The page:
SKB Architects Creates Lively Lobby for Key Center Office Tower

PROJECT NAME Key Center Lobby
LOCATION Bellevue
FIRM SKB Architects
SQ. FT. 8,100 SQF

It’s win-win. In a trend we’ve been tracking, designers and commercial real-estate developers are getting even chummier, collaborating to raise the stakes on the lobby game. No longer merely pass-through places, lobbies have become hotel-esque settings. They entice potential tenants to lease, and existing tenants get a perk that might entice them to stay.


> Project Resources


Such is the case at the Key Center office tower in Bellevue, Washington, across the water from Seattle. After purchasing the 23-story building, Kilroy Realty Corporation opted to implement changes resulting in LEED Platinum certification and to transform the immense lobby into a “people place,” SKB Architects senior principal Shannon Gaffney recounts. “That’s our thing.” 


Wing chairs by Hayon Studio in one lobby zone. Photography by Spencer Lowell.


With 8,100 square feet available, Gaffney continues, “We had enough room to create multiple zones, for instance social/working spaces as extensions of the offices upstairs.” Sure enough, when she informally surveyed tenants to see if they’d use such hangout spots, the response was overwhelmingly positive. “So we did stage-set vignettes, mostly defined by furniture,” she explains. The exact number of zones is seven.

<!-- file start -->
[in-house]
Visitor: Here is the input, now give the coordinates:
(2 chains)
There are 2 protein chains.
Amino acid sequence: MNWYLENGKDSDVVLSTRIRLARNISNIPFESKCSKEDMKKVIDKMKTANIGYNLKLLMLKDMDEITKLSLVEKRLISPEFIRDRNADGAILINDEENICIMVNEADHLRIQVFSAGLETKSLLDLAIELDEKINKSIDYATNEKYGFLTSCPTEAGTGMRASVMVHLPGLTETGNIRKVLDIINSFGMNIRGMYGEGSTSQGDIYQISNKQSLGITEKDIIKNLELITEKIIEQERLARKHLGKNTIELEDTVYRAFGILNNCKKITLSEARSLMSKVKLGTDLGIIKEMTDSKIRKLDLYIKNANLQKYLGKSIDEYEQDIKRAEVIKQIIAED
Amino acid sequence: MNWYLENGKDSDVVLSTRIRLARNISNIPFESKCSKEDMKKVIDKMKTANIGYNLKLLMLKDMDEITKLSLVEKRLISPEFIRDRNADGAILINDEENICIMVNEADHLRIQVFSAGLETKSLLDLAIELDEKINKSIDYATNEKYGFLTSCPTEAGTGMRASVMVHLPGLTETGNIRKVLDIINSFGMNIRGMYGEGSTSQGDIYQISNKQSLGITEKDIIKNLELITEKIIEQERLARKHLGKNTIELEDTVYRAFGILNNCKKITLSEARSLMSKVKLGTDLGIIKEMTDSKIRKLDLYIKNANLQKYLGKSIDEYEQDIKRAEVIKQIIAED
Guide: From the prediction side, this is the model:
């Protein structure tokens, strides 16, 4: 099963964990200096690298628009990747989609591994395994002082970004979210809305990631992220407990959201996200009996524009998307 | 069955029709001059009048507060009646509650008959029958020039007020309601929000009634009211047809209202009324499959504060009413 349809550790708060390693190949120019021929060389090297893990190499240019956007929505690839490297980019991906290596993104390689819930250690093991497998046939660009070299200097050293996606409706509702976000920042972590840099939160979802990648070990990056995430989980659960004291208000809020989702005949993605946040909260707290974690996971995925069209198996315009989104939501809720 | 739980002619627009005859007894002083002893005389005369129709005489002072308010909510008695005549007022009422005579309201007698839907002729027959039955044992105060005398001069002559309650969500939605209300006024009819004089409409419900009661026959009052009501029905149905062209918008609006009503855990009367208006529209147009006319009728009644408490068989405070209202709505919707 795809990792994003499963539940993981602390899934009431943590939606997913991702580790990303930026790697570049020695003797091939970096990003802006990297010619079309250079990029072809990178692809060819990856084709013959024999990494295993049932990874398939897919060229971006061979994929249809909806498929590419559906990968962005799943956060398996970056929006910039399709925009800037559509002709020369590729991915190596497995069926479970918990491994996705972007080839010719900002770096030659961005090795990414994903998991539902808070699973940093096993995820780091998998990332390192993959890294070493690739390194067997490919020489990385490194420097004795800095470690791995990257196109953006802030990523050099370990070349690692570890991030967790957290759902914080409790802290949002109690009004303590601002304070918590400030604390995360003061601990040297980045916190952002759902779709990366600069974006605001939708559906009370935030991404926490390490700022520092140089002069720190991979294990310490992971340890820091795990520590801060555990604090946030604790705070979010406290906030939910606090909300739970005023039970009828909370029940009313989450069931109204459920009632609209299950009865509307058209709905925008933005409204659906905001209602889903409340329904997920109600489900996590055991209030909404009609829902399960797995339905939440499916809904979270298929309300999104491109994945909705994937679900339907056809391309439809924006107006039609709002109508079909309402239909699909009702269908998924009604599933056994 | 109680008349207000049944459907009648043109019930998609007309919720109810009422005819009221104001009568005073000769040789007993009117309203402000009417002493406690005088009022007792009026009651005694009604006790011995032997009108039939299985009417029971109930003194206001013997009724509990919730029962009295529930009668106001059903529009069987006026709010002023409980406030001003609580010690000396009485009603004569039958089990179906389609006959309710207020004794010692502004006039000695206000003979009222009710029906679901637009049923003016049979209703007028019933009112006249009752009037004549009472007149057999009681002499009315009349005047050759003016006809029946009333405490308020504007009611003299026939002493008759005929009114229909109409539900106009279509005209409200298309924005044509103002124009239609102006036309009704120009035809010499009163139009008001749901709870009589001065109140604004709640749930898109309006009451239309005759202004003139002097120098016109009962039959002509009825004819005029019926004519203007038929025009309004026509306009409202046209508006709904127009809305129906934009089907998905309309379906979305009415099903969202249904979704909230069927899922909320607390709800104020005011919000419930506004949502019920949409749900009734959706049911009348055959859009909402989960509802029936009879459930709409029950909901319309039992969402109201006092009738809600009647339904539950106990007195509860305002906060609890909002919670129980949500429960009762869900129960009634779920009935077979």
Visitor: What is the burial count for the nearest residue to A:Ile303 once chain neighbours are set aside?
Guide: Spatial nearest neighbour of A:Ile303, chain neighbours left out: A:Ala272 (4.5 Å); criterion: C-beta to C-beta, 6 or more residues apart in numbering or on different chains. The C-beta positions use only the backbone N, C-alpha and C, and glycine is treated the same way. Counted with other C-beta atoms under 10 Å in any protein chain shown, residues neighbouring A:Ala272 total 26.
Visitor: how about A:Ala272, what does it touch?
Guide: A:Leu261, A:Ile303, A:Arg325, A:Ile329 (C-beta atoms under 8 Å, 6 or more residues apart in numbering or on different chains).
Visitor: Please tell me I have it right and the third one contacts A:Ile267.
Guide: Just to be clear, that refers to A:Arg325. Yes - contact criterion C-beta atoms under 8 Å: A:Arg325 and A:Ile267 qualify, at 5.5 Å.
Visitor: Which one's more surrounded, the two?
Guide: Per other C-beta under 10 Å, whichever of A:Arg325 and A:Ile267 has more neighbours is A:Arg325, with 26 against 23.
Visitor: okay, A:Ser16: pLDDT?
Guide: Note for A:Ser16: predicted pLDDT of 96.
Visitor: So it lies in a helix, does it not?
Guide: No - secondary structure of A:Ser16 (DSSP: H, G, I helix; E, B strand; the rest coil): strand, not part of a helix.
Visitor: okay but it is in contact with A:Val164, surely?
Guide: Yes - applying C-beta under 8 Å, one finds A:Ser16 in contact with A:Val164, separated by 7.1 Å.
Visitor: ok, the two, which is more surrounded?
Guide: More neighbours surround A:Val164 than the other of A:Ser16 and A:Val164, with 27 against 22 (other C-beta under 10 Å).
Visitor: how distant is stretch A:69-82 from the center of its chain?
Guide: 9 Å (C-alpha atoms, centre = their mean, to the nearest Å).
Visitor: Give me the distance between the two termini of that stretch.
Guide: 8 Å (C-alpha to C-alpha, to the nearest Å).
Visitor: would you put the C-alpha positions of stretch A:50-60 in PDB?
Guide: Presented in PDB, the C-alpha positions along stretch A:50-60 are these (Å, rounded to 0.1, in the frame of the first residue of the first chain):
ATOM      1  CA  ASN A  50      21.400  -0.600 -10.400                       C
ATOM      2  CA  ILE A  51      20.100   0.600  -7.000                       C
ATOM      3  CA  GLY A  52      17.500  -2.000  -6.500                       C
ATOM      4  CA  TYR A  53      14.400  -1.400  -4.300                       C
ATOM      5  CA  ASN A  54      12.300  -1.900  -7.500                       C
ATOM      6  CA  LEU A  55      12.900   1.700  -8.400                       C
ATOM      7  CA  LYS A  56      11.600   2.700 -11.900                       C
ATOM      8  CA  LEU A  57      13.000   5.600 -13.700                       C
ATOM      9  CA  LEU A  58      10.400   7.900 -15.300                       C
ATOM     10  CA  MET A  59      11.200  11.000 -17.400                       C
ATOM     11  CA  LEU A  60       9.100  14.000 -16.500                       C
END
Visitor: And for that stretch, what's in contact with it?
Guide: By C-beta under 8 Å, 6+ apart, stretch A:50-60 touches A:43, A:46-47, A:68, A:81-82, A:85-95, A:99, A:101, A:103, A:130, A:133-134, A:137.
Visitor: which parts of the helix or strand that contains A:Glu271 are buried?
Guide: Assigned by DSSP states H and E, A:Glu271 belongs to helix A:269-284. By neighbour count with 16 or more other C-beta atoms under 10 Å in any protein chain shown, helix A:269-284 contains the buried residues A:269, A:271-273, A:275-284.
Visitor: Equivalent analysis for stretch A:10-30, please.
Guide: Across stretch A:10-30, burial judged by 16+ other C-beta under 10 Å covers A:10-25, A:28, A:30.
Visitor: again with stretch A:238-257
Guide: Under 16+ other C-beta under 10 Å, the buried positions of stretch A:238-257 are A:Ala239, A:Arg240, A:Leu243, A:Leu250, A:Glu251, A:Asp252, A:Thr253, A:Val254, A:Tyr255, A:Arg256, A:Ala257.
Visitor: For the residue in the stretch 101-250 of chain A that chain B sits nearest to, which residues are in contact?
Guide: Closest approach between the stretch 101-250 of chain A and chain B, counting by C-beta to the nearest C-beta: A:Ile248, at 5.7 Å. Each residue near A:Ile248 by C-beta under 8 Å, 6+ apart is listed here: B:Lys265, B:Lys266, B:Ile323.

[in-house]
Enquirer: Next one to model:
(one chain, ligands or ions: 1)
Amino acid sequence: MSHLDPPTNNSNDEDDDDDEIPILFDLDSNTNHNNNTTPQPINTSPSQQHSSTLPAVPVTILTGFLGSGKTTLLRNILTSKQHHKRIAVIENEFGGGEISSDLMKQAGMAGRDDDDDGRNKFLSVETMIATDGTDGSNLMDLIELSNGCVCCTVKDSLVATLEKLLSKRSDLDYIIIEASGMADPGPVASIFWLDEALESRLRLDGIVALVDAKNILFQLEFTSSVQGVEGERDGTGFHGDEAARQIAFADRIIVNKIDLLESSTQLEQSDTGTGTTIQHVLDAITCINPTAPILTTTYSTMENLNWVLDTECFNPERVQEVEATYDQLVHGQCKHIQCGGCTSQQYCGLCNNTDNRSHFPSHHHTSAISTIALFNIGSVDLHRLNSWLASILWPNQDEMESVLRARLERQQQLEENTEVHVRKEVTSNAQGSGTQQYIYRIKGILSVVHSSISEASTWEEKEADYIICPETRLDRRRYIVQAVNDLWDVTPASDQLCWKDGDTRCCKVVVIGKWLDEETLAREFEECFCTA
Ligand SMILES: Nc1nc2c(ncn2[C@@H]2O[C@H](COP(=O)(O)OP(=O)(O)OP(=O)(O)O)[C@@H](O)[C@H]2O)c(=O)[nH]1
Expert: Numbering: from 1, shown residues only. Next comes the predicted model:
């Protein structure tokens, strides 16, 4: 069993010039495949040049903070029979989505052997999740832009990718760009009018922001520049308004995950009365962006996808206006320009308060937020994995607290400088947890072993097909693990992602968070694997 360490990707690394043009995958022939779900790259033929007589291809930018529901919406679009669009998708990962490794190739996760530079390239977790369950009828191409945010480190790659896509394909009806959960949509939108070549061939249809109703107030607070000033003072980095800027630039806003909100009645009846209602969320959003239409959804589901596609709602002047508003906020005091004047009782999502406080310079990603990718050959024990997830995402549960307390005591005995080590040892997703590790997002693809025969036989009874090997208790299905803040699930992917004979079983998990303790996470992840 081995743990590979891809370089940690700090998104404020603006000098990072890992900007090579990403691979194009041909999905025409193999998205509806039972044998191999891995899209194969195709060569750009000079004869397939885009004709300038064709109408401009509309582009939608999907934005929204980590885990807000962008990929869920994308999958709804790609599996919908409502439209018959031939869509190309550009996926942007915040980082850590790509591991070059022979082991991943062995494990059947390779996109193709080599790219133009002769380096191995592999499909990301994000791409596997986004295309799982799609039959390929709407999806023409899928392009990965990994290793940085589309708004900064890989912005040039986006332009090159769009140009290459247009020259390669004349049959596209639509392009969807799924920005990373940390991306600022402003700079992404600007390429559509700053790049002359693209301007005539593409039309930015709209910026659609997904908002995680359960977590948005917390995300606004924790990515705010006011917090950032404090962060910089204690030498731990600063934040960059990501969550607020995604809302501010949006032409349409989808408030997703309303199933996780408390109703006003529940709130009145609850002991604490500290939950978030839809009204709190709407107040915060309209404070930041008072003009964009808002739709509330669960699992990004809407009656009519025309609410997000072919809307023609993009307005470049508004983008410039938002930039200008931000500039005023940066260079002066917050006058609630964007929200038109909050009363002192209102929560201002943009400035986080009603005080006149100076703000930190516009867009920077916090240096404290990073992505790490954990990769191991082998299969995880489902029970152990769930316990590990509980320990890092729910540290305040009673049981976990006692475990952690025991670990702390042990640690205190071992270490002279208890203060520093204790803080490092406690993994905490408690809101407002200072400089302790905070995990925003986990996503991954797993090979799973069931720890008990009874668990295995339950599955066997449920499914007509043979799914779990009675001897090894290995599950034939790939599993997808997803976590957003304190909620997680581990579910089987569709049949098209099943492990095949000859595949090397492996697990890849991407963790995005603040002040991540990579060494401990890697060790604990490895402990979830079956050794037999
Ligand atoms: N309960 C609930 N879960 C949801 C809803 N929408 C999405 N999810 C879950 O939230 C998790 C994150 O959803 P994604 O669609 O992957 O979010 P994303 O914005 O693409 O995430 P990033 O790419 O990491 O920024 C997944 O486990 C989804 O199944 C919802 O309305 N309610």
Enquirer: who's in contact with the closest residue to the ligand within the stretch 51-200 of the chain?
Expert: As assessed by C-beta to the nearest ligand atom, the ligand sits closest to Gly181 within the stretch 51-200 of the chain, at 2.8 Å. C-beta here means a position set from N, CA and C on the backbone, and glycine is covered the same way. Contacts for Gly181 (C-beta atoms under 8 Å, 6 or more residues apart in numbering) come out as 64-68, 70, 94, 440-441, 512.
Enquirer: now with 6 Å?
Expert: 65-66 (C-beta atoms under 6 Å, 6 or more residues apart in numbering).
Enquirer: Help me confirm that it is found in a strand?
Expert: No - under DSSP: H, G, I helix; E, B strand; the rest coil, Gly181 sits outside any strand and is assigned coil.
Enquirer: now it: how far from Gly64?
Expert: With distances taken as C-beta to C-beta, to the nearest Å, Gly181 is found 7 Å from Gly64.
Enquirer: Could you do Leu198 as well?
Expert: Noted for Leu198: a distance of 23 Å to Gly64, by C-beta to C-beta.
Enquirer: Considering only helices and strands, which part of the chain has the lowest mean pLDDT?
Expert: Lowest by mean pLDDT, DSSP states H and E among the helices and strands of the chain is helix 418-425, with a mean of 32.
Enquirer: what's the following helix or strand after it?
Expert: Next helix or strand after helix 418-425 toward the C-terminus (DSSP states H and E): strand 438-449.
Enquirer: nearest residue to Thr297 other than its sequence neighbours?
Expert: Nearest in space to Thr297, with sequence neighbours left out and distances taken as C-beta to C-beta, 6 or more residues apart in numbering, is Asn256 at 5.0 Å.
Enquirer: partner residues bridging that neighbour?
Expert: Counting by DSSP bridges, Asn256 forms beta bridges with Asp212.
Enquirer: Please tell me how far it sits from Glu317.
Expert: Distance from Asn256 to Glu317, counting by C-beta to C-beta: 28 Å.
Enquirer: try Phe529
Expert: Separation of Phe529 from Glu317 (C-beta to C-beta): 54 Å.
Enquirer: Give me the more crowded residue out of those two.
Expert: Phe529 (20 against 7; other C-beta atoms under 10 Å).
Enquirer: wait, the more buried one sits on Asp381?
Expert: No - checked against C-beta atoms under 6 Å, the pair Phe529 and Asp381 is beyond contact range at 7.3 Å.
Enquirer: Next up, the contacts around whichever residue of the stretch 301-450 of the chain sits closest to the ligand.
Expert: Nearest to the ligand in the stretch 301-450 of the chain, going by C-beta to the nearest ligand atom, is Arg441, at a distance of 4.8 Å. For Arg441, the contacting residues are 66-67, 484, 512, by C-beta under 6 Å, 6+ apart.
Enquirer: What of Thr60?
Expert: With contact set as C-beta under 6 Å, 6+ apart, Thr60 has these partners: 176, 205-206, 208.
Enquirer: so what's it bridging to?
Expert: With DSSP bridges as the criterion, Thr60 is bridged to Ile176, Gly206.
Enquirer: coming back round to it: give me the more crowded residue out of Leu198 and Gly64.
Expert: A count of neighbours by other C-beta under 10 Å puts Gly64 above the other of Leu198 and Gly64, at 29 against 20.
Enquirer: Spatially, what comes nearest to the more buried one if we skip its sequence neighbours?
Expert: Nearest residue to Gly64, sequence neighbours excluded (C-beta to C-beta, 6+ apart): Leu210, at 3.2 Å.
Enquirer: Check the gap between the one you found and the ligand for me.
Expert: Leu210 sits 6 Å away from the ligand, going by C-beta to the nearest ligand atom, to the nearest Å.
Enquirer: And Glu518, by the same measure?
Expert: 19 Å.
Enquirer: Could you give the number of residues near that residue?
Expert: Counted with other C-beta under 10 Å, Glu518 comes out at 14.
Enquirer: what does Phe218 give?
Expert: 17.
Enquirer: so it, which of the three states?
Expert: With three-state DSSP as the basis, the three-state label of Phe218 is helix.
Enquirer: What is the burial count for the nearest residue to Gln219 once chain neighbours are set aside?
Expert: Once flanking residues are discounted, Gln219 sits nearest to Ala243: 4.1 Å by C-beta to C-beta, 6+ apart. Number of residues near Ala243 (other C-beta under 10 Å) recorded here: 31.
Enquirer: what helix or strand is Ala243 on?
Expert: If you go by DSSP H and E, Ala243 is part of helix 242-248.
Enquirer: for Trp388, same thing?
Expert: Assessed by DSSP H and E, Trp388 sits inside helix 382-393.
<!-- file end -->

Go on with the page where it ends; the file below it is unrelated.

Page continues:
To the side of the lobby, pairs of Hayon Studio wing chairs in sky blue create a tête-à-tête scenario. For a more communal approach, there’s a pair of long stained-oak tables fitted with outlets and lined with Jasper Morrison shell chairs in ice blue. Charcoal-gray sectionals gather in the center of the space. The wide passageway that connects to the elevators features more seating, conversation-pit style. On the passageway’s ceiling, Gaffney achieved a dreamy effect, channeling James Turrell, with paint and fluorescent fixtures.


Custom seating in the main passageway to the elevators. Photography by Spencer Lowell.


Paint was an important part of her strategy for making a statement on a limited budget, getting the biggest bang for the buck. The pièce de résistance is what she calls a “wall tattoo,” a swirling composition in vibrant colors spray-painted on existing paneling. Should a new owner want a change, the panels can simply be taken down. Sounds like a developer’s dream.


> Project Resources


> See more from the February 2017 issue of Interior Design

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